My first five weeks at a startup

we work bourke street melbourne co-working space

Is this my life?

… is what I think most days several times a day.

These five weeks have been my toughest career transition since leaving university and getting a real job.

I joined a startup.

Where was I right before this?

I was in a place where work attire and gym wear morph into one.

I worked from home, for a university, for an entire year, doing web content strategy. It was blissful.

Now, I’m starting all over again. The subject matter has switched from higher education to sports, and the game has turned from bureaucracy to autonomy.

And, I’m not watching the clock, I’m watching sports.

Half journal entry, half call for understanding, this post is a public acknowledgement of how fucking tough it can be to transition from corporate to startup.

Week one, this’ll be fun

  • Shiny new co-working space
  • Jeans
  • Kombucha on tap

It’s the golden week. You can’t touch this. People are pumped to have me onboard. My brain is in overdrive and my thoughts swirl like dodgem cars of possibilities; running into each other and creating a wonderful chaos. I can do anything and everything. I lap this shit up. (As well as the co-working space perks.)

Week two, so much to do

  • 90-day plan out window
  • To-do list for days
  • Wait, where was I?

Terrifying and thrilling all at the same time, I’m in the thick of it. The MVP needs some TLC. Existing documents, passwords, resources; they’re fucking all over the place, but I have time to figure this shit out.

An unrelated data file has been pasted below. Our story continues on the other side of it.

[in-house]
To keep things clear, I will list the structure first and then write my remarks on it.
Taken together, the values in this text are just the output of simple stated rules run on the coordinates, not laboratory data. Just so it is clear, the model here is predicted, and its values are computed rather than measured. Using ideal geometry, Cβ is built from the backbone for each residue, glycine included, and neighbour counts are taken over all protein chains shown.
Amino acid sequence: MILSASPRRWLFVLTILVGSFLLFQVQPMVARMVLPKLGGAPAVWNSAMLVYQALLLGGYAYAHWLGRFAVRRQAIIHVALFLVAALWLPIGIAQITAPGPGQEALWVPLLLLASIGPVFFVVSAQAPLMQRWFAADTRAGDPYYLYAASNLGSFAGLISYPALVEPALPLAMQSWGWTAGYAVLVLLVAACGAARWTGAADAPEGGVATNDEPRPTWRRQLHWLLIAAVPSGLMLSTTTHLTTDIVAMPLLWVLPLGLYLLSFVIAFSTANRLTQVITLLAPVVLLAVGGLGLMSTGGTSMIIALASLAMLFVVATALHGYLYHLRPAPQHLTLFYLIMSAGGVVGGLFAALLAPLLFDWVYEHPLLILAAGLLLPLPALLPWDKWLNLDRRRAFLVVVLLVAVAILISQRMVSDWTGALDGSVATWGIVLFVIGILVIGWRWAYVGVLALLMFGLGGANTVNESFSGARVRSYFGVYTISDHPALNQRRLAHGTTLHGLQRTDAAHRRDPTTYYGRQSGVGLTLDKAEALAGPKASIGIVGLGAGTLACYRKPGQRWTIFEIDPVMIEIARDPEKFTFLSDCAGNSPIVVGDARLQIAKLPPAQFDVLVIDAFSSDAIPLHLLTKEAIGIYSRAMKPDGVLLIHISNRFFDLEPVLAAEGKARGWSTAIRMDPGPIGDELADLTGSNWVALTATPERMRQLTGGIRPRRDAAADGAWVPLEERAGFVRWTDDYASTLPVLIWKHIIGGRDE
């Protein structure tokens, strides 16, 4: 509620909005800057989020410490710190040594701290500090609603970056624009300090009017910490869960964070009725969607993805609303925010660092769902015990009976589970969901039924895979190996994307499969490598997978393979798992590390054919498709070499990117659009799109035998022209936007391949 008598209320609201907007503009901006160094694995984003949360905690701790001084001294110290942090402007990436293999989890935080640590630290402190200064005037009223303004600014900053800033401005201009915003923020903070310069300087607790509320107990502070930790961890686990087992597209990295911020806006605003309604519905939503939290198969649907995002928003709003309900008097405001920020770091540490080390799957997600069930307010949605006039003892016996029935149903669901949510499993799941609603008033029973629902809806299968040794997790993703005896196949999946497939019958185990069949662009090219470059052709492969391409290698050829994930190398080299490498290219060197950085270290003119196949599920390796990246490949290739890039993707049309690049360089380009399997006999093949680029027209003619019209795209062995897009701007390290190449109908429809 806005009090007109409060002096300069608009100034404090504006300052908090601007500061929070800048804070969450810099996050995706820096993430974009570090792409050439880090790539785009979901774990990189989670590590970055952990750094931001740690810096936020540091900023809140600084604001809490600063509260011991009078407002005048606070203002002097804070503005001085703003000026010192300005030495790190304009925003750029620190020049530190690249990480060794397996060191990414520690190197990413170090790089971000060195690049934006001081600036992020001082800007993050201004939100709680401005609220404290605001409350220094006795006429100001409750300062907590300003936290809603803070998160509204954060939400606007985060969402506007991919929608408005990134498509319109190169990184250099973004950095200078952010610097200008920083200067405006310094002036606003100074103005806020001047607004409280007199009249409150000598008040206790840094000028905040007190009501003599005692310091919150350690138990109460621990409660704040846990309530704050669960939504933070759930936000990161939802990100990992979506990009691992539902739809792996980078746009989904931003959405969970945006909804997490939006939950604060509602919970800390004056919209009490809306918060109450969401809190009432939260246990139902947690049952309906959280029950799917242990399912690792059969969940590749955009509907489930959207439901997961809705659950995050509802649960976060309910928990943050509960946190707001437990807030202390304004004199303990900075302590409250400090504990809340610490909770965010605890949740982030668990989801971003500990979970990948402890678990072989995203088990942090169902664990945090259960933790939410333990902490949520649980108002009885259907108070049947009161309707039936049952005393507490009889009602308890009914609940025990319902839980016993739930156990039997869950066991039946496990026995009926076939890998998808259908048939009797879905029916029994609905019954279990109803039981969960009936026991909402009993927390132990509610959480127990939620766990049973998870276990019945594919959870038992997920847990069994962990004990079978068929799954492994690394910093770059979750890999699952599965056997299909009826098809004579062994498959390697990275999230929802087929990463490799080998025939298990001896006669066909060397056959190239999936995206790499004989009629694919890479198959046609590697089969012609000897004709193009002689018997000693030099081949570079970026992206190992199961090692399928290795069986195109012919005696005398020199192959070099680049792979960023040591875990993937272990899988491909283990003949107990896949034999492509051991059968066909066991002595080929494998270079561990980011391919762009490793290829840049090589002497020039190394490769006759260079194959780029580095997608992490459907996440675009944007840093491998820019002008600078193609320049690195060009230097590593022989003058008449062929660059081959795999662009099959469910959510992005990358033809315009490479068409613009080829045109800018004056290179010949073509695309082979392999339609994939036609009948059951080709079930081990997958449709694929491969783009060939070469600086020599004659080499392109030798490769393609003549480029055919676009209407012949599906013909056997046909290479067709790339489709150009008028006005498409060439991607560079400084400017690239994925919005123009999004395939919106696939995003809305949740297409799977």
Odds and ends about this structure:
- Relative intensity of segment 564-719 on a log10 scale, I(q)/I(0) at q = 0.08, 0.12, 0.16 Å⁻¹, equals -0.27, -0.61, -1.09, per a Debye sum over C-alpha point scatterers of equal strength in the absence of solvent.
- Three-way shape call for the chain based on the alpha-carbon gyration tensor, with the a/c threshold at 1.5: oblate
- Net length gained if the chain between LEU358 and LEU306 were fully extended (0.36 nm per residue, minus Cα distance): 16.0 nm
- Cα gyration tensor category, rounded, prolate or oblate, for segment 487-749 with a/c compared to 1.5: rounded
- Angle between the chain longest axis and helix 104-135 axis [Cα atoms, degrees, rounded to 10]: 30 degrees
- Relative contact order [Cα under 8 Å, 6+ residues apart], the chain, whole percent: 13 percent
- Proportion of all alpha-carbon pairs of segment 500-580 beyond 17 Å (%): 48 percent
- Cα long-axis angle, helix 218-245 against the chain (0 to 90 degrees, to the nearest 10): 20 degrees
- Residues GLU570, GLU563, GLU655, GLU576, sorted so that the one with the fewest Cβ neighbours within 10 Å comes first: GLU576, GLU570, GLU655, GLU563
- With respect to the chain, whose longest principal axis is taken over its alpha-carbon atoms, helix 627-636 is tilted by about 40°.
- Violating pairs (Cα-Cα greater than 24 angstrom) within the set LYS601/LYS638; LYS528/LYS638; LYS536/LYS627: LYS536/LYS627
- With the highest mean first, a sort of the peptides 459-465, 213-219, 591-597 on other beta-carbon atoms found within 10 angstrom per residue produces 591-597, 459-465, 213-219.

I think, “It’s only week two, I’ve got this.”

Week three, if they could only see

  • Priorities don’t change, they multiply
  • Lots to give, nought time
  • Who needs lunch anyway? I’ve had three coffees

I’m trying to prove myself. I’m spreading myself thinly. There isn’t a wonderfully complete team with individual experts working on their piece of the campaign, project, ‘always-on strategy’.

I’m tired all the time. I’m constantly doing rather than planning.

Even at the ripe old age of in-my-thirties, I feel like a noob.

Me: But, I have all the things.
The Day: Good for you, though right now, I need four things you haven’t done in years or at all.

I think, “It’s only week three, I’ve got this.”

Week four, pick myself up off the floor

  • Success is up around the bend, standing next to imminent failure
  • Control is elusive
  • How does everyone else have it so together?

I’m sick. It breaks me. Sickness leads to burnout and burnout leads to breakdown. That control I felt I didn’t have before is now unreachable.

I used to put my head down and GSD. That’s not how this world works. My work is not lost in corporate hierarchy, it has an impact on everyone else (all two, three, four people in the startup.)

I loathe myself for not performing to my regular ability. “Who are you? You’re better than this.”

I think, “Shit, it’s week four, have I got this?”

Week five, will I survive?

  • Imposter syndrome like never before
  • People ask, “How are you feeling?” a suspicious amount
    All that kombucha I’ve tapped to my veins apparently eats away my your insides if I haven’t, like, eaten broccoli or something. I stopped listening somewhere there, but I did cut back
  • I start to figure out some shit. One: I’ve been working like I did in corporate and falling back into taking direction from others. Two: miscommunication is real – even in very small teams. Three: ‘You do you’. If I’m going to both ‘make it’ and build a company, I need to believe in (and be) myself.

I’m on the hero’s journey.
I’m in the belly of the whale.
I’ve caught my breath after drowning in not-sure-edness about my ability to own this.

Week six? Everything clicks


Is this my life?

Fuck yes.